By Adam Ruffner & Caitlin Cieslik-Miskimen
It’s a long, hard road to the AUDL—full of hundred-plus mile road trips, late night and early morning workouts, and daily throwing sessions. And that’s just in the offseason, all while no one is watching, so an athlete can seize the moment - carpe that discus - at a team tryout.
“I constantly work to improve my game to have opportunities to play,” said Jay Froude, an Ultimate standout at the University of Missouri who hopes to make the Madison Radicals’ roster this season. He’ll have to travel more than 400 miles to the combine, which will cap off of a relentless training regimen. He runs daily, throws daily and watches his diet closely. For Froude, and other ultimate players hoping to make the cut in the AUDL, there is no offseason—the competition for roster spots is too tough.
“For me, I never thought I would get this far, so fast,” Froude said. “I believe the competition has driven me to excel as an ultimate player.”
Froude can also credit his training program, which is based on the principles of Melissa Witmer’s Ultimate Athletes Project (UAP), a strength and conditioning program specially designed for the rigors of ultimate. The program was created to help athletes maximize their potential and sustain it throughout the course of the season, and is one of a number of ultimate-specific regimens used by both veteran AUDL athletes, and those hoping to clinch a spot.
“I started with the question ‘How do I most efficiently and effectively build an ultimate player?’” Witmer said.
Witmer is a certified conditioning coach with 15 years of playing experience, and author of The Ultimate Athlete Handbook. She developed the UAP by focusing on the end goal.
“It’s not just about maximum output per workout, it’s about maximum adaptation per workout,” Witmer said. This long term planning is what sets the UAP apart from other programs. Most importantly, the program emphasizes the type of strength training that decreases injury risk.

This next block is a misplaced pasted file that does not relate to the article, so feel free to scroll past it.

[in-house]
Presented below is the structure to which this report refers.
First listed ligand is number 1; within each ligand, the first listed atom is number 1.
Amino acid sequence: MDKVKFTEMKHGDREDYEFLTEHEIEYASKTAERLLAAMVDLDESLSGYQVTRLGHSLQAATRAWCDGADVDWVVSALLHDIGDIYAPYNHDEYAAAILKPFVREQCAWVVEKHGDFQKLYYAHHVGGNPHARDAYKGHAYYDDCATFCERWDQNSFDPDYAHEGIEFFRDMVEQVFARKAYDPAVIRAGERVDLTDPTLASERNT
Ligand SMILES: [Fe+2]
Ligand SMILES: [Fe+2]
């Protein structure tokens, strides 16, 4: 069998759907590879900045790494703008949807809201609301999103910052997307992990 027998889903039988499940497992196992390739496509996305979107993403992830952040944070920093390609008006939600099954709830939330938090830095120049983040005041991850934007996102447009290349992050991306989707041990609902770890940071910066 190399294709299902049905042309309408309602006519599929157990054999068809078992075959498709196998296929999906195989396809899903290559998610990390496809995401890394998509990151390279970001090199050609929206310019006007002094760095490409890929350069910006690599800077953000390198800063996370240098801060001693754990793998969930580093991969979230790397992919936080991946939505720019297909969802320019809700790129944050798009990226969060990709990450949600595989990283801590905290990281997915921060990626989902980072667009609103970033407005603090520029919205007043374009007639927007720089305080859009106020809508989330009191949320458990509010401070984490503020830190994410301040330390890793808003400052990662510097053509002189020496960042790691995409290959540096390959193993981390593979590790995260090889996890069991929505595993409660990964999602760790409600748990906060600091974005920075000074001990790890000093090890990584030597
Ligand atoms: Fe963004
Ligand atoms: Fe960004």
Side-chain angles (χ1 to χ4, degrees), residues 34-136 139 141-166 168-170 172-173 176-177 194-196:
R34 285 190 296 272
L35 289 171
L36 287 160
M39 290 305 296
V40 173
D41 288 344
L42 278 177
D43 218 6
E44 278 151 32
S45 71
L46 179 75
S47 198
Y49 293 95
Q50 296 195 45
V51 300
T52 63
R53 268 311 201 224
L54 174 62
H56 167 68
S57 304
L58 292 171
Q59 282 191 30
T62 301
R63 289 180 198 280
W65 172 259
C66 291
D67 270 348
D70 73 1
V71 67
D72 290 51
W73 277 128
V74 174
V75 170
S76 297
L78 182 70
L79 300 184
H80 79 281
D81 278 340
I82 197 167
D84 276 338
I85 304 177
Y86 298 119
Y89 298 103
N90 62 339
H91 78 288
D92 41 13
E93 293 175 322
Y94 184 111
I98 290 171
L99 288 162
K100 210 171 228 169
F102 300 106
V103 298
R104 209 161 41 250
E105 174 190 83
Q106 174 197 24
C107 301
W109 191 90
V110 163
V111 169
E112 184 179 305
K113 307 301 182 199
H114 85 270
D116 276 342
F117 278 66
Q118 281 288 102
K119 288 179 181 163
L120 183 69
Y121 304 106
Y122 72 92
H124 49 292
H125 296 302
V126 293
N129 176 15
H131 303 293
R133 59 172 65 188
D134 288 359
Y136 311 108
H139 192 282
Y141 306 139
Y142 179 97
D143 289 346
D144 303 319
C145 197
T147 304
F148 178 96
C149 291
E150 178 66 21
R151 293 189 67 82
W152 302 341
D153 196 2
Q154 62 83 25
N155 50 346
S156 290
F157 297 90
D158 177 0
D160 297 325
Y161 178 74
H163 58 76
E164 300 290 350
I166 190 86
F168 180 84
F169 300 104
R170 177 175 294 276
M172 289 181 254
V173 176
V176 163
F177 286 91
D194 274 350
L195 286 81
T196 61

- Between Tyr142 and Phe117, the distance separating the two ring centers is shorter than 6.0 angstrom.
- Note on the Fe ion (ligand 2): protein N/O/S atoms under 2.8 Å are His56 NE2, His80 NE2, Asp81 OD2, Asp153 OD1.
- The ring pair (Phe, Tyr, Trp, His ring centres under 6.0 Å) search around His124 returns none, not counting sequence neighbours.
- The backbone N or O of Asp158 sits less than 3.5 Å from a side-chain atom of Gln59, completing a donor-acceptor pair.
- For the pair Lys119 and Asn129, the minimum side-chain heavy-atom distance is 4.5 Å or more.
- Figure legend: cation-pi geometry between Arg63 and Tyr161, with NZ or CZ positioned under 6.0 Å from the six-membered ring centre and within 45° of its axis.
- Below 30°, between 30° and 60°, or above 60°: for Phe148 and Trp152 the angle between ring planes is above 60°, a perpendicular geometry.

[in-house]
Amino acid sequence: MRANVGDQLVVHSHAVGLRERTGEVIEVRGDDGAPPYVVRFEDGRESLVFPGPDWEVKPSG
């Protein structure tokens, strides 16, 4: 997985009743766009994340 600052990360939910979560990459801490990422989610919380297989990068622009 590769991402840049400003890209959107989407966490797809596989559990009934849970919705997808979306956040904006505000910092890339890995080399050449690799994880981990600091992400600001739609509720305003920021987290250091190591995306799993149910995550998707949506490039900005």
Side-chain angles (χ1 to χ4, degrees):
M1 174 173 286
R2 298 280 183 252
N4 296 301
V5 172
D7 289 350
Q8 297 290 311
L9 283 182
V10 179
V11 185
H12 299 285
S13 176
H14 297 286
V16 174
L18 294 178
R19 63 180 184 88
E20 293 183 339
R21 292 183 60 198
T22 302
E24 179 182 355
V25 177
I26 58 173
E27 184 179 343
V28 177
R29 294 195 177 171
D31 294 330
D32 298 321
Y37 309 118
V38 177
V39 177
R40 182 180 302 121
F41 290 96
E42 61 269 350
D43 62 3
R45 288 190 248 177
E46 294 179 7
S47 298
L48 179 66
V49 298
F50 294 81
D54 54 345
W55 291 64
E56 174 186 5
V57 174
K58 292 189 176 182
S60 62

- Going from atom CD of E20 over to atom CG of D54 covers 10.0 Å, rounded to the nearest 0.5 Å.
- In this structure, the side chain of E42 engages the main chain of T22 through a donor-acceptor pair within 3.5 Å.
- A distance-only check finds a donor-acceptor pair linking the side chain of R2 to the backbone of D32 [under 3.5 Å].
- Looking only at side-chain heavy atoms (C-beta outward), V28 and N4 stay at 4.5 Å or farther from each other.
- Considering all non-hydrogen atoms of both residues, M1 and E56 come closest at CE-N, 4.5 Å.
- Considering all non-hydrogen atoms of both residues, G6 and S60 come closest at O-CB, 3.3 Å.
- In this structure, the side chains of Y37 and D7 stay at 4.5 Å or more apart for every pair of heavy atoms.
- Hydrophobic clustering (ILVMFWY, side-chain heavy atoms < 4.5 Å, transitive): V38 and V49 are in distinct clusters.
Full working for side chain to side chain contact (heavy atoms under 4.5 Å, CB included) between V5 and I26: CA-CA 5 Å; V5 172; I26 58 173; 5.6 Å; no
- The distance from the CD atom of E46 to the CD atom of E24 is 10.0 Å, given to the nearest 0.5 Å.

“What is often underestimated is how much strength training impacts a player's endurance and durability over the long months of a season,” she said. “Proper progression, long term planning, and completeness are the hallmarks of programs designed by professionals—that’s how you get better, faster, stronger.”
For Froude, many of Witmer’s ideas have become principles in his fitness routine and preparation for the AUDL. For example, two-a-day workouts are common, and keep him in rhythm during the offseason when the weather is anything but cooperative. He also develops his conditioning by challenging himself in creative ways, like working on pivoting and throwing when he is most tired at the end of a workout. It’s all about the little things, which bring big results.
He made the 2013 Team USA U23 squad with only two years playing experience, and is hopeful about his chance at making the Radicals. He’s not the only one—former University of Wisconsin standout and Team USA teammate Colin Camp will join him at the late-night combine, eager to make the transition from college to the professional leagues.
“Playing in college instilled a strong work ethic in me,” Camp said. “The way the guys worked all year to win a national championship—that teaches you that hard work does pay off, and that it doesn’t let up. Even now, I see how much time and effort these guys put in during the offseason—of course I’m not going to let up.”
Camp doesn’t follow a specific program, but trains four to five times a week. He runs, he throws, he lifts, he does agility workouts, he plays indoor ultimate and he harbors high expectations for the coming season.
“Everybody in Madison works so hard for what they want,” Camp said. “And the community here helped make me the player that I am now—when I think about the Radicals, and I think about the next season, I’m trying to put in the time and effort to be part of a team that can bring a championship back to the community.”
For Froude and Camp, the training has two payoffs (beyond a championship). The chance to compete on a weekly basis against some of ultimate’s best athletes makes you a better player, Froude said, and playing on a brand new stage will be exhilarating. Plus, it’s pretty neat to say you are a pro ultimate player.
“I can call myself a professional athlete, and that sounds pretty cool,” Froude said
“Making the Radicals gives you the tag of being one of the best players in the region,” Camp added. “You get to be on the elite team—call it whatever you want to call it, but it’s pretty cool to be able to say that you are a pro athlete.”
But neither has made the team just yet—they’ll just have to keep grinding for a few more days.